WASHINGTON — Gulf War veterans should have presumptive conditions associated with their service, including brain and lung cancer and chronic migraines, members of the House Committee on Veterans' Affairs wrote in a letter Tuesday.
"As a veteran of the Persian Gulf war, I am keenly aware of issues adversely impacting the health of veterans who served in that theater beginning in 1990," wrote Rep. Mike Coffman, R-Colo., in a letter to Veterans Affairs Secretary Eric Shinseki.
If a veteran is diagnosed with a presumptive condition, Veterans Affairs is required to assume that it is military-connected, and that the veteran is then entitled to medical or disability benefits associated with the diagnosis.
Coffman writes that research has connected brain cancer to the Sarin gas that troops were exposed to when the U.S. Air Force bombed a chemical factory in Khamisiyah, Iraq. Gulf War veterans have been found to have a higher percentage of lung cancer, and migraines are more likely in patients with chronic fatigue syndrome, he wrote. If VA decides not to make the conditions presumptive, Coffman wrote, they should explain why.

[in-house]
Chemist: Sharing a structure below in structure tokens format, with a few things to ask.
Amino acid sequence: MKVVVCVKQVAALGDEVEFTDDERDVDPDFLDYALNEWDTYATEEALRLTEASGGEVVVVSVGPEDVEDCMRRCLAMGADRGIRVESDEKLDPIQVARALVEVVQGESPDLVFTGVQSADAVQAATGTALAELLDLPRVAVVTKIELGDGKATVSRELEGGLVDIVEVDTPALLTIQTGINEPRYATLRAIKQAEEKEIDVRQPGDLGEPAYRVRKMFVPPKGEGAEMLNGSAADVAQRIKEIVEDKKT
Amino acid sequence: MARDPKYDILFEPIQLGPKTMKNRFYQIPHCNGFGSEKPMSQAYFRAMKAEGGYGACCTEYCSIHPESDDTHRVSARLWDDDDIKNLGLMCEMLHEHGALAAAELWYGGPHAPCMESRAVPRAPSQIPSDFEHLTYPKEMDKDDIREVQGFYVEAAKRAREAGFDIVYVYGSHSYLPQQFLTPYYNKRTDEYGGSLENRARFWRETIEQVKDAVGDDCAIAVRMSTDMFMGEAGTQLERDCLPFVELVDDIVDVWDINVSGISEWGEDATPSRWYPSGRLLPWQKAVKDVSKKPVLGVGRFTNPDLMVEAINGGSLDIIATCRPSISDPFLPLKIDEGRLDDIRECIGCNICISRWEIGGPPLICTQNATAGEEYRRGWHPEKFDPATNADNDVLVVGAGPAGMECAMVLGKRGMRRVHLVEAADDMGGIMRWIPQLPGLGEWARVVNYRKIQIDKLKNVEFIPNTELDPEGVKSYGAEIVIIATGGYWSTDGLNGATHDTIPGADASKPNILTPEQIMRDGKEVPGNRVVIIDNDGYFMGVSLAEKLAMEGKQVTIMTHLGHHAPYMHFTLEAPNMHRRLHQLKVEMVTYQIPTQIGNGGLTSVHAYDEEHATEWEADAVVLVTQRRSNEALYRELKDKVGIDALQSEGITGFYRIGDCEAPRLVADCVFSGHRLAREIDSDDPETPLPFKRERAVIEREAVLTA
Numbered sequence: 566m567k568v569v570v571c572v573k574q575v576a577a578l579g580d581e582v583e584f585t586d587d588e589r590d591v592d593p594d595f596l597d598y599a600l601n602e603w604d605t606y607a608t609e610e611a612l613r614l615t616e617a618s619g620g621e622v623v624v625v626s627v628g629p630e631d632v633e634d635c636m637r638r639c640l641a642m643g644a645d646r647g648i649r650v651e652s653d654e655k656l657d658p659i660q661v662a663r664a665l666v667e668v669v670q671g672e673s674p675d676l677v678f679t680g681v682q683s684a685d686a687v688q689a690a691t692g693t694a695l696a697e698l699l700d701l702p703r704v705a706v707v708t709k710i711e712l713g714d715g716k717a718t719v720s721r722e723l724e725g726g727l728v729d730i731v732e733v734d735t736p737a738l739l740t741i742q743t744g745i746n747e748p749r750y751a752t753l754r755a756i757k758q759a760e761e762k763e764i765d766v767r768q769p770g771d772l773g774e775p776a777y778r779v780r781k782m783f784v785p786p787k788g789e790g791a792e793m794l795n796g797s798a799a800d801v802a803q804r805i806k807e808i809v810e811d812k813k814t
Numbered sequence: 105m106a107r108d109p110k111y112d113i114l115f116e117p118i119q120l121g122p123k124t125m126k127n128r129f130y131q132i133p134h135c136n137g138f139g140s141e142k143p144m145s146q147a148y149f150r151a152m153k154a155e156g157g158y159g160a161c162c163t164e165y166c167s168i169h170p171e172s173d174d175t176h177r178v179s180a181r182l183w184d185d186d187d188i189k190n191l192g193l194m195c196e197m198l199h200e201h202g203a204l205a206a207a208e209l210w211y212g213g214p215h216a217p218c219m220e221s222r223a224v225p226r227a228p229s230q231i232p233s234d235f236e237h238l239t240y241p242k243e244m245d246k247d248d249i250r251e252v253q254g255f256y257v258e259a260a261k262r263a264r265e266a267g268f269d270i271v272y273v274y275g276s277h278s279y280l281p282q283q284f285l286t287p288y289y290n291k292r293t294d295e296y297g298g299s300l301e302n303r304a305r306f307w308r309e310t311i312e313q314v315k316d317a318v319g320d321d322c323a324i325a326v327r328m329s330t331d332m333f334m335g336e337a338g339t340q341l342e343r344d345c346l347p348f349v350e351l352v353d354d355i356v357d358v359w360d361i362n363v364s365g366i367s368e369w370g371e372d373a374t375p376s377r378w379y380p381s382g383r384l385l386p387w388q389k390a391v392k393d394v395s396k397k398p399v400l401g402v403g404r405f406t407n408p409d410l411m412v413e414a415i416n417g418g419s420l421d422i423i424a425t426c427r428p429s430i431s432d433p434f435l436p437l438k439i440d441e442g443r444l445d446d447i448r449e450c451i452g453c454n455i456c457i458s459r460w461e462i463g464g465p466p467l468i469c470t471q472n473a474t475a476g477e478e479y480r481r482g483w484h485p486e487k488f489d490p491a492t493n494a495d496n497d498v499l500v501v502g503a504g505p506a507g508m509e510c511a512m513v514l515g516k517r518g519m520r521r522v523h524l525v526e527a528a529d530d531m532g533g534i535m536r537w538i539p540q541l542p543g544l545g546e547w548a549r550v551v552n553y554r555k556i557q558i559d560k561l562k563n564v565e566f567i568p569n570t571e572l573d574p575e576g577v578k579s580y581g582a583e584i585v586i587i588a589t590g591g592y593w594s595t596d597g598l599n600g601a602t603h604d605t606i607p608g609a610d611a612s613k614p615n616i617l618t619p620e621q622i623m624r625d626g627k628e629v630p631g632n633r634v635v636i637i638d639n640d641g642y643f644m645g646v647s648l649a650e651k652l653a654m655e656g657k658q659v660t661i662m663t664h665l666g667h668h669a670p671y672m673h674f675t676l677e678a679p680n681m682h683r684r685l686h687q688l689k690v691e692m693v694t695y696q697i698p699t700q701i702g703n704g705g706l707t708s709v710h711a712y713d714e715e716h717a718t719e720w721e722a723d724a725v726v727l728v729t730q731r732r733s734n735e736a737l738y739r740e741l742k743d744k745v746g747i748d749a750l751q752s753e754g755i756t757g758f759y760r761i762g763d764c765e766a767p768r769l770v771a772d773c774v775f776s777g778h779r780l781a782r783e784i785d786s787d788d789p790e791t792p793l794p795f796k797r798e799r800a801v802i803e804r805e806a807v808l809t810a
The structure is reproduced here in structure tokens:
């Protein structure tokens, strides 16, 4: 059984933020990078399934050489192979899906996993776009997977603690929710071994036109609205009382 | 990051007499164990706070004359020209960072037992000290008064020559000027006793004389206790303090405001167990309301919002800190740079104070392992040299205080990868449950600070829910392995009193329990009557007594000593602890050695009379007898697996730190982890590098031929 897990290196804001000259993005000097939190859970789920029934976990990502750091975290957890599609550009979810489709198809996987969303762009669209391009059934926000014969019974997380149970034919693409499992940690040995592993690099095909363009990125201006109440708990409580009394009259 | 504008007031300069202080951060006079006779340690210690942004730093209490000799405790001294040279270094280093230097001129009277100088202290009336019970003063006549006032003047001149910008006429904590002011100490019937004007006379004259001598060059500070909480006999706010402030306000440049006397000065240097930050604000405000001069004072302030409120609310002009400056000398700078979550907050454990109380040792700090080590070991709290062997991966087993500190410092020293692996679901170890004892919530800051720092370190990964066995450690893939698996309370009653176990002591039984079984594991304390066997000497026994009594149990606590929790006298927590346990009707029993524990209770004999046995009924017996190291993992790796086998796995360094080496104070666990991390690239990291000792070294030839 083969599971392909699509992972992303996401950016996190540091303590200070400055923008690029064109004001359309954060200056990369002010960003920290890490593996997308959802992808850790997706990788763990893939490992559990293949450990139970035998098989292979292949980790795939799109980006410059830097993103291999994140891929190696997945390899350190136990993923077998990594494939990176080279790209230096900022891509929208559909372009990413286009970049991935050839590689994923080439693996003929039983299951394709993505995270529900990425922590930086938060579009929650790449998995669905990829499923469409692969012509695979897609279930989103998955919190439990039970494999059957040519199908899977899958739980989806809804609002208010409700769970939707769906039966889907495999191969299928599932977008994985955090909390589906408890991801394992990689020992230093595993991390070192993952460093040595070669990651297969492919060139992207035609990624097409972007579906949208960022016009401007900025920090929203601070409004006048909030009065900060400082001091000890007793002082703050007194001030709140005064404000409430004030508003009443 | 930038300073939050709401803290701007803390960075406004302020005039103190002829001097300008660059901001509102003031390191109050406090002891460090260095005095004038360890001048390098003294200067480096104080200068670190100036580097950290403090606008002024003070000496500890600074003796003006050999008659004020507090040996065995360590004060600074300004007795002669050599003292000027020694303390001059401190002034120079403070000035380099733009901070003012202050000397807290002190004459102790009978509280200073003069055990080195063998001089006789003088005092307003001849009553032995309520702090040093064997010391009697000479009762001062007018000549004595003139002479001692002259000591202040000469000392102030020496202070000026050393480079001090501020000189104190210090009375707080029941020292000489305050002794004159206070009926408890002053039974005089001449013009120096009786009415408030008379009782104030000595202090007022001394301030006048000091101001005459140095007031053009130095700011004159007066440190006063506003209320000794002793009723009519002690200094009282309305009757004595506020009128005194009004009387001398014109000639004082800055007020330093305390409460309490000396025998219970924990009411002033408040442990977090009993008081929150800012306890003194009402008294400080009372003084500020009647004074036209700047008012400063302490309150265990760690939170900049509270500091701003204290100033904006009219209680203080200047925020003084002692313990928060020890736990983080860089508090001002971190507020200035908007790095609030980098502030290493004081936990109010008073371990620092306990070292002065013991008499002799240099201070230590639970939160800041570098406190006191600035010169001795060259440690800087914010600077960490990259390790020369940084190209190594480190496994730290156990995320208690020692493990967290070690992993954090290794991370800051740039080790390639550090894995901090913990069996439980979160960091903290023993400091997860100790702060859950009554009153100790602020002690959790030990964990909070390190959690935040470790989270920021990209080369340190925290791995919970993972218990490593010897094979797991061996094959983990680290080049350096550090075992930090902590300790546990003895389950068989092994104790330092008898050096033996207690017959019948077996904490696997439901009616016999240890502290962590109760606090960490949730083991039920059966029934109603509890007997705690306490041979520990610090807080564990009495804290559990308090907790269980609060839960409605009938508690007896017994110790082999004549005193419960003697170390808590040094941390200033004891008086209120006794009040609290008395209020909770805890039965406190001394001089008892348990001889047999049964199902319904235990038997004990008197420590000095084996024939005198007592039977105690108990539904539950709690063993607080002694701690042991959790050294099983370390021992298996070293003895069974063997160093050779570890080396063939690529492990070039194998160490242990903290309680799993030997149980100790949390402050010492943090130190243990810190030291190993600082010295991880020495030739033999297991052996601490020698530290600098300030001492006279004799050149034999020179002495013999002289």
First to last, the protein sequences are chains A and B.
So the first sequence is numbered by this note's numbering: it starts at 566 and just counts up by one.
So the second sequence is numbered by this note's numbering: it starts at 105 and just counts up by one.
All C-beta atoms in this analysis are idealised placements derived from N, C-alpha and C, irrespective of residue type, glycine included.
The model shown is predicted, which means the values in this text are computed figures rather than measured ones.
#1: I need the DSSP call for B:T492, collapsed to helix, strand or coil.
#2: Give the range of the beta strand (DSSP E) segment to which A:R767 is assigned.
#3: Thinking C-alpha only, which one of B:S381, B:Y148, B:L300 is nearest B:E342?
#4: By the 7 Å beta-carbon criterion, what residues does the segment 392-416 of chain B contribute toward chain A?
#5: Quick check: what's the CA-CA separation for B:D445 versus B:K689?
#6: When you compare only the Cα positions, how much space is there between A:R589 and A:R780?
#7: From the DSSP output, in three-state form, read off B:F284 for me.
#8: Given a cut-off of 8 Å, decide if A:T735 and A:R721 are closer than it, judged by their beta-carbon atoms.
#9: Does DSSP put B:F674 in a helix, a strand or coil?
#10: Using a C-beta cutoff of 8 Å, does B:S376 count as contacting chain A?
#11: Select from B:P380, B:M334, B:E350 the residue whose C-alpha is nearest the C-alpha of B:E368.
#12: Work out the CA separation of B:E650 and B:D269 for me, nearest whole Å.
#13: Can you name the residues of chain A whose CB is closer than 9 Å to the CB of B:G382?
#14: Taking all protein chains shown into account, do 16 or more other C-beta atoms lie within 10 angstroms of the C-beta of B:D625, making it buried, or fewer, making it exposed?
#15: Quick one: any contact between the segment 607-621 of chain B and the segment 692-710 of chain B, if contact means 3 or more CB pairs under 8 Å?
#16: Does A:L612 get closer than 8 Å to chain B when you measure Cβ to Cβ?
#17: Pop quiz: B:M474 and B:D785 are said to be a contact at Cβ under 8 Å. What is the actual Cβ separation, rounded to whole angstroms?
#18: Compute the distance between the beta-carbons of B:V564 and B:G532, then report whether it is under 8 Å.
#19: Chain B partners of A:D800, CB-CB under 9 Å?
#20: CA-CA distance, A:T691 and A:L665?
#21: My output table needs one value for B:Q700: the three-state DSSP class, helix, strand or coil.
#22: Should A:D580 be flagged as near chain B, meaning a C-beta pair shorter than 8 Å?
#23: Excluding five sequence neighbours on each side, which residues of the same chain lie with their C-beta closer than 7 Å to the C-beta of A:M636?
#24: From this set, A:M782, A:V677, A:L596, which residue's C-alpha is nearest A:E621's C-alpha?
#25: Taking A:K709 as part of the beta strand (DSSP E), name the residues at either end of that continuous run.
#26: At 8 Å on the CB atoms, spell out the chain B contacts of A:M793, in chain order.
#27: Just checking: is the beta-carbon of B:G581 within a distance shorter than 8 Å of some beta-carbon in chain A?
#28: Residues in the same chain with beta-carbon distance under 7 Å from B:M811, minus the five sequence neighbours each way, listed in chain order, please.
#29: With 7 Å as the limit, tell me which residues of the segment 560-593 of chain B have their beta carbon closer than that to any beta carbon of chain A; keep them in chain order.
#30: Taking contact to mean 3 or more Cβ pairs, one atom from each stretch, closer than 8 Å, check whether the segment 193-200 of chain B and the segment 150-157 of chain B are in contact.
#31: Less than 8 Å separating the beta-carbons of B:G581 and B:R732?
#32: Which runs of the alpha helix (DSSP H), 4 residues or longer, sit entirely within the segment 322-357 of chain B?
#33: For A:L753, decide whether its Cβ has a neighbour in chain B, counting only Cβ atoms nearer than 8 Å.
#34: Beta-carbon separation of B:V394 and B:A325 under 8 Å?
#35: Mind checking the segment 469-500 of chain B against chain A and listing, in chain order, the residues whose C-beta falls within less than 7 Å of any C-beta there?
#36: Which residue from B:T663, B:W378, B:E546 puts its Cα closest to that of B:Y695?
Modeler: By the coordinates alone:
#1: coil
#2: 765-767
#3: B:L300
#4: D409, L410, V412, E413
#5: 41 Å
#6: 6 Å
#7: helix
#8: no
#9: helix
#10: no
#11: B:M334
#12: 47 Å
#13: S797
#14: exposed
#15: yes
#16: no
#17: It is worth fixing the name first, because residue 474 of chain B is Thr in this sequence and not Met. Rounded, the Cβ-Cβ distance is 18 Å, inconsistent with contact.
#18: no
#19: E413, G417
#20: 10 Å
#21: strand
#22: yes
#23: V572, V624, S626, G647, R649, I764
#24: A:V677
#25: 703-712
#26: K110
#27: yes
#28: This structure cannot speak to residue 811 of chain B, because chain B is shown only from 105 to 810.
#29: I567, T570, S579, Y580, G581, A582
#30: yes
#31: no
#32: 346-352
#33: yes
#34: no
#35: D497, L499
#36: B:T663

Ron Brown, president of the National Gulf War Resource Center, said he had worked with other veterans' organizations, including the American Legion, to try to get the presumptive conditions approved by VA.
"This legislation is long overdue with the science and research that has been done to show these conditions warrant being presumptive for Desert Storm service," Brown said.
Gulf War veterans already have presumptive status for chronic fatigue syndrome, fibromyalgia, gastrointestinal disorders, and undiagnosed illnesses that include weight loss, fatigue, cardiovascular disease, muscle and joint pain, headache, menstrual disorders, neurological and psychological problems, skin conditions, respiratory disorders and sleep disturbances, according to VA.
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